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The Journey to Ft. Bragg

The Friday before Memorial Day Weekend, I decided to leave San Francisco. I thought that if I left before noon, I’d miss traffic. Everyone in San Francisco seemed to have the same idea.

I spent three hours crawling along the 101 at 20 miles an hour, when I finally decided to take the next exit wherever it may lead. The exit was for Petaluma. A charming little town, I carried my lunch to the park to eat and bought the next book in my series… I had just finished A Storm of Swords. I found many of the stores interesting and I enjoyed walking along the old docks.

After my break from the crowd, I hit the road again this time with my phone’s GPS set to “Avoid Highways”. I’m glad I set it that way. I curved all though Sonoma Valley. The light flickered through the trees and happy crowds sat outside porches of eateries dispersed between farms and vineyards. I viewed deer running, darting from the trees.

I made my way from the hills of vines to the quiet, ancient redwood forests. I felt like I was entering Middle Earth. The moss has a soft green glow, the trees are so tall and thick, but mostly it’s the darkness and the silence. It seems like a place to be reverent. I was stunned to then drive out of the forest to view the ocean cliffs. I never realized that the forests and the ocean were so close together! Being from the South, I always thought that any nature near the ocean had to be marshlands or swamp, not giant trees.

I made it to Glass Beach right around dusk. I was so happy it was still light!

Glass Beach has its name, because it used to be a dump. After time went by, all the garbage washed away and all that is left is some rusty metal sticking up from the sand and sea glass. It is a beautiful beach, despite what it used to be. The glass is really small now, you have to get down low to see it, but it’s really pretty the way the sand sparkles with different colors. As the sun set, I made my way back through the grass and flowers to my car to find a place to stay. I heard there was free camping nearby in Jackson State Forest, so I pulled out my phone and started figuring out the exact location.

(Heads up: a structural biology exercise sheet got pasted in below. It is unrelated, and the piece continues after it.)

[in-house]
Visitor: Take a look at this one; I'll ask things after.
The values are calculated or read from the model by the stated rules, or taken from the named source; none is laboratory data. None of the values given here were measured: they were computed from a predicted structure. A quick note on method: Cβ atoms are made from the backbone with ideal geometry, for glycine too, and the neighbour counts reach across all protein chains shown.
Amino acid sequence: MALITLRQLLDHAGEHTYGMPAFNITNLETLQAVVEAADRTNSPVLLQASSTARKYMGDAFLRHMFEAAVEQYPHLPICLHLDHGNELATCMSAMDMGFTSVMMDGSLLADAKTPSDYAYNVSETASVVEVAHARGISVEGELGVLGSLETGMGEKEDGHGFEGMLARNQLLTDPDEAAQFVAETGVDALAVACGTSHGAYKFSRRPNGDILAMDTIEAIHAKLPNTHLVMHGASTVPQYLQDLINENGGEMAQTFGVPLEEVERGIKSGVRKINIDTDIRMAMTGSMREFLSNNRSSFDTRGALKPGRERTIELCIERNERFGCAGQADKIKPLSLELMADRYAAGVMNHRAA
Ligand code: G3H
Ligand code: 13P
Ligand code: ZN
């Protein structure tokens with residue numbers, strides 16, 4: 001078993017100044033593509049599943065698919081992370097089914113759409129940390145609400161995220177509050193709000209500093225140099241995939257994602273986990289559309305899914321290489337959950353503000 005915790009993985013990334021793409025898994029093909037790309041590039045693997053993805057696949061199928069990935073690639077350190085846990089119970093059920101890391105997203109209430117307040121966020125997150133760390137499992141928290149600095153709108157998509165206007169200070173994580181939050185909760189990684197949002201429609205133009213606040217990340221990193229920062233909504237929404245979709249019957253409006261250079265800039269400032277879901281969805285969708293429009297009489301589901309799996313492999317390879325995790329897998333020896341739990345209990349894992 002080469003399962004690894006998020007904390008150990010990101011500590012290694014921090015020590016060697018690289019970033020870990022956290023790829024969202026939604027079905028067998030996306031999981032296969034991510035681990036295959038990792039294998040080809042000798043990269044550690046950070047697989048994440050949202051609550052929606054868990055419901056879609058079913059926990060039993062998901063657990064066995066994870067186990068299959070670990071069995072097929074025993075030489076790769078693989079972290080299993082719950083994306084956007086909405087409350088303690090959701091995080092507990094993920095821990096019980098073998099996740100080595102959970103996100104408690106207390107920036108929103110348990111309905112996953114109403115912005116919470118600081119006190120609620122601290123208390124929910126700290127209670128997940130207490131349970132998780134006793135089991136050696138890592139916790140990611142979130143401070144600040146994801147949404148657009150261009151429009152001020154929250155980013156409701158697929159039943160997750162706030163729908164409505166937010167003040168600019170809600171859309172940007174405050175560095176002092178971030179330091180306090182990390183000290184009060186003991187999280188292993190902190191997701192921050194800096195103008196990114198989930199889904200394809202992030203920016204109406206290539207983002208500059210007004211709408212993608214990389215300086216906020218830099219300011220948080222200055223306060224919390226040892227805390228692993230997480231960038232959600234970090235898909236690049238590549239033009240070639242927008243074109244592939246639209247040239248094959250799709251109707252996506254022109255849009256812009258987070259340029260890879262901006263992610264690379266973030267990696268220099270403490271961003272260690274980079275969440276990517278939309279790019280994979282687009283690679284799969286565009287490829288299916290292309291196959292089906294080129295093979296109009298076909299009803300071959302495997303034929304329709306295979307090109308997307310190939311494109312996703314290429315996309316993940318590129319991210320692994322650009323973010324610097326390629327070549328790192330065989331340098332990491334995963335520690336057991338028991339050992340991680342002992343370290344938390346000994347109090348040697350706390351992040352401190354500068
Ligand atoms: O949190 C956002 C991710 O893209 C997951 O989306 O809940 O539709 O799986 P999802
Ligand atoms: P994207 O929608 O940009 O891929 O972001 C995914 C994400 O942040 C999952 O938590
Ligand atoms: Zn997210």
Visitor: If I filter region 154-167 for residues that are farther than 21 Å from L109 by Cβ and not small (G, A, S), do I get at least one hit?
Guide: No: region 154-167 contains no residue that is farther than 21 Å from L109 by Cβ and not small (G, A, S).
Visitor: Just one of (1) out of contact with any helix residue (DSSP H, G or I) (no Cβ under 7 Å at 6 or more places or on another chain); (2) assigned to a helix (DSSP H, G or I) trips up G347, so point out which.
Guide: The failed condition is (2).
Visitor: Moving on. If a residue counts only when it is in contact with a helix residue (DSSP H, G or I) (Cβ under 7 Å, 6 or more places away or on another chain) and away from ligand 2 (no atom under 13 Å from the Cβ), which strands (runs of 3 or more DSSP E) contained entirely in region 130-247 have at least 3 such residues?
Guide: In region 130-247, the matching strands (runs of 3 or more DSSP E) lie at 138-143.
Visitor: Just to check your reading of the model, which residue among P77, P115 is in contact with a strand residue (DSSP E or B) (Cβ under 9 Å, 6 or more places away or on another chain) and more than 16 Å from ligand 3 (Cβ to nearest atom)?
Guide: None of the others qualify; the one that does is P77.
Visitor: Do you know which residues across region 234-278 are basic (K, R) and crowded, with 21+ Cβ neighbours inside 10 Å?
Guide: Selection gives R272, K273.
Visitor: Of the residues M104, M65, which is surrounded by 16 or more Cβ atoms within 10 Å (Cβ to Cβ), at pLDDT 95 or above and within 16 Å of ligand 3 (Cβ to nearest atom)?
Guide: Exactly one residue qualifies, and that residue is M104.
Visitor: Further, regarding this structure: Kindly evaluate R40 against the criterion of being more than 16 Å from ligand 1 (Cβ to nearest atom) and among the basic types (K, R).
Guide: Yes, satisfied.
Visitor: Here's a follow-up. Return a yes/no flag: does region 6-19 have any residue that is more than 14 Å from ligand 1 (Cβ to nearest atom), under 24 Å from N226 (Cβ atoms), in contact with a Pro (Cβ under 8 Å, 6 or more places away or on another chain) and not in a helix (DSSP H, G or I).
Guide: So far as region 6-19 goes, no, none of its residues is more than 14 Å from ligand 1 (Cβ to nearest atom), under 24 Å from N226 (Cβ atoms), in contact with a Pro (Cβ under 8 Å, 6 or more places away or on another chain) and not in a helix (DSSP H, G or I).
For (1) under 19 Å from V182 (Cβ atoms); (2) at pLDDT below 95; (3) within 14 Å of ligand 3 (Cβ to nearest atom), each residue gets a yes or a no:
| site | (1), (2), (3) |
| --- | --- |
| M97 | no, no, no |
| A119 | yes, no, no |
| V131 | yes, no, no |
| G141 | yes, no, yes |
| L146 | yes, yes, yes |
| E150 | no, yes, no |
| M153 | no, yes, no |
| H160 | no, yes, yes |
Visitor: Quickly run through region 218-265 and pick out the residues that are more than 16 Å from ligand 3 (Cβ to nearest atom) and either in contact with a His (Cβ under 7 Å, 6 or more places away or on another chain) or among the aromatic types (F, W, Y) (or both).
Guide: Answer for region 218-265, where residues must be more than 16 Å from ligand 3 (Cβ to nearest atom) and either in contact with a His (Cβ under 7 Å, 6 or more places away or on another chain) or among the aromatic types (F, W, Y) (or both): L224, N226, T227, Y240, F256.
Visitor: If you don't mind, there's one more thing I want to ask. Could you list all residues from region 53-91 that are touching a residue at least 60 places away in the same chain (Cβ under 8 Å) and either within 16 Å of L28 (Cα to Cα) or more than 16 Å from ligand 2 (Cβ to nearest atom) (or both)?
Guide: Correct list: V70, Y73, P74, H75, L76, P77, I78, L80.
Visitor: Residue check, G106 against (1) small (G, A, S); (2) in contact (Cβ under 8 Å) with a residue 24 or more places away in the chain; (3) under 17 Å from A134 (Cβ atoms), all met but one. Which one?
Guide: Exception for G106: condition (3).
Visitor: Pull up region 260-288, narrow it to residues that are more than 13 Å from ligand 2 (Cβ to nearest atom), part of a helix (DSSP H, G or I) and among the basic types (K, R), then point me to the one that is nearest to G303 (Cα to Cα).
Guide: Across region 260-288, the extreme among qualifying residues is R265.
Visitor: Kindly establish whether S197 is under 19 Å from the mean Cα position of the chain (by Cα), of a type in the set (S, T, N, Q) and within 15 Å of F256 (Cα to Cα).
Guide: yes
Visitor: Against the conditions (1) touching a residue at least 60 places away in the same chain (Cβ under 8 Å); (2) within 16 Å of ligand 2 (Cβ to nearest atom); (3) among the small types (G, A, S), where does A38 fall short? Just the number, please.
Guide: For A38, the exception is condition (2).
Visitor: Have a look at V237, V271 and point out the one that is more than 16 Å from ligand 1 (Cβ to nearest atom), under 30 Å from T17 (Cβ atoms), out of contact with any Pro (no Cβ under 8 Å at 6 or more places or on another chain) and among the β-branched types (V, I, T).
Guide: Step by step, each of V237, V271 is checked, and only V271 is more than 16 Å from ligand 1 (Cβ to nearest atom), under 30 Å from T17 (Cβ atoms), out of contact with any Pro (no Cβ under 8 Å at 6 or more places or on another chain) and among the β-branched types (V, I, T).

I wish I had gotten there before dark, it’s so hard to see any sites in the dark. Another car pulls in behind me and I start to get nervous until we get to the lights and see the check in board. It’s a man and his wife, they are looking for free camping too. It turned out not to be free anymore, but still $15 is a good deal camping. The only spots left were in equestrian. We decided to just be rebels and camp in equestrian, “It’s 9:00 at night, no one is going to be coming in here pulling a horse trailer at this hour.” The spot was pretty hard to find, we drove all around the campground until we found the road. I was so thankful to finally have a place to park that I didn’t care too much about my surroundings. 

I slept well, the next day I woke to the beautiful stillness of the redwoods surrounding me. The light streaming down from the sky and the sounds of the forest were so peaceful. There was a little creek by the campground.  I took a bit of a walk and then hit the road. I had a long drive to make it to Oregon that day.

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One response »

  1. Beautifully written. You descriptive words make this passage come to life. Would have loved being with you in this serene place where God and his creation is present. Even where man tried to ruin a beach, He was able to transform it into something spectaular. Love you, my daughter, Whitney.

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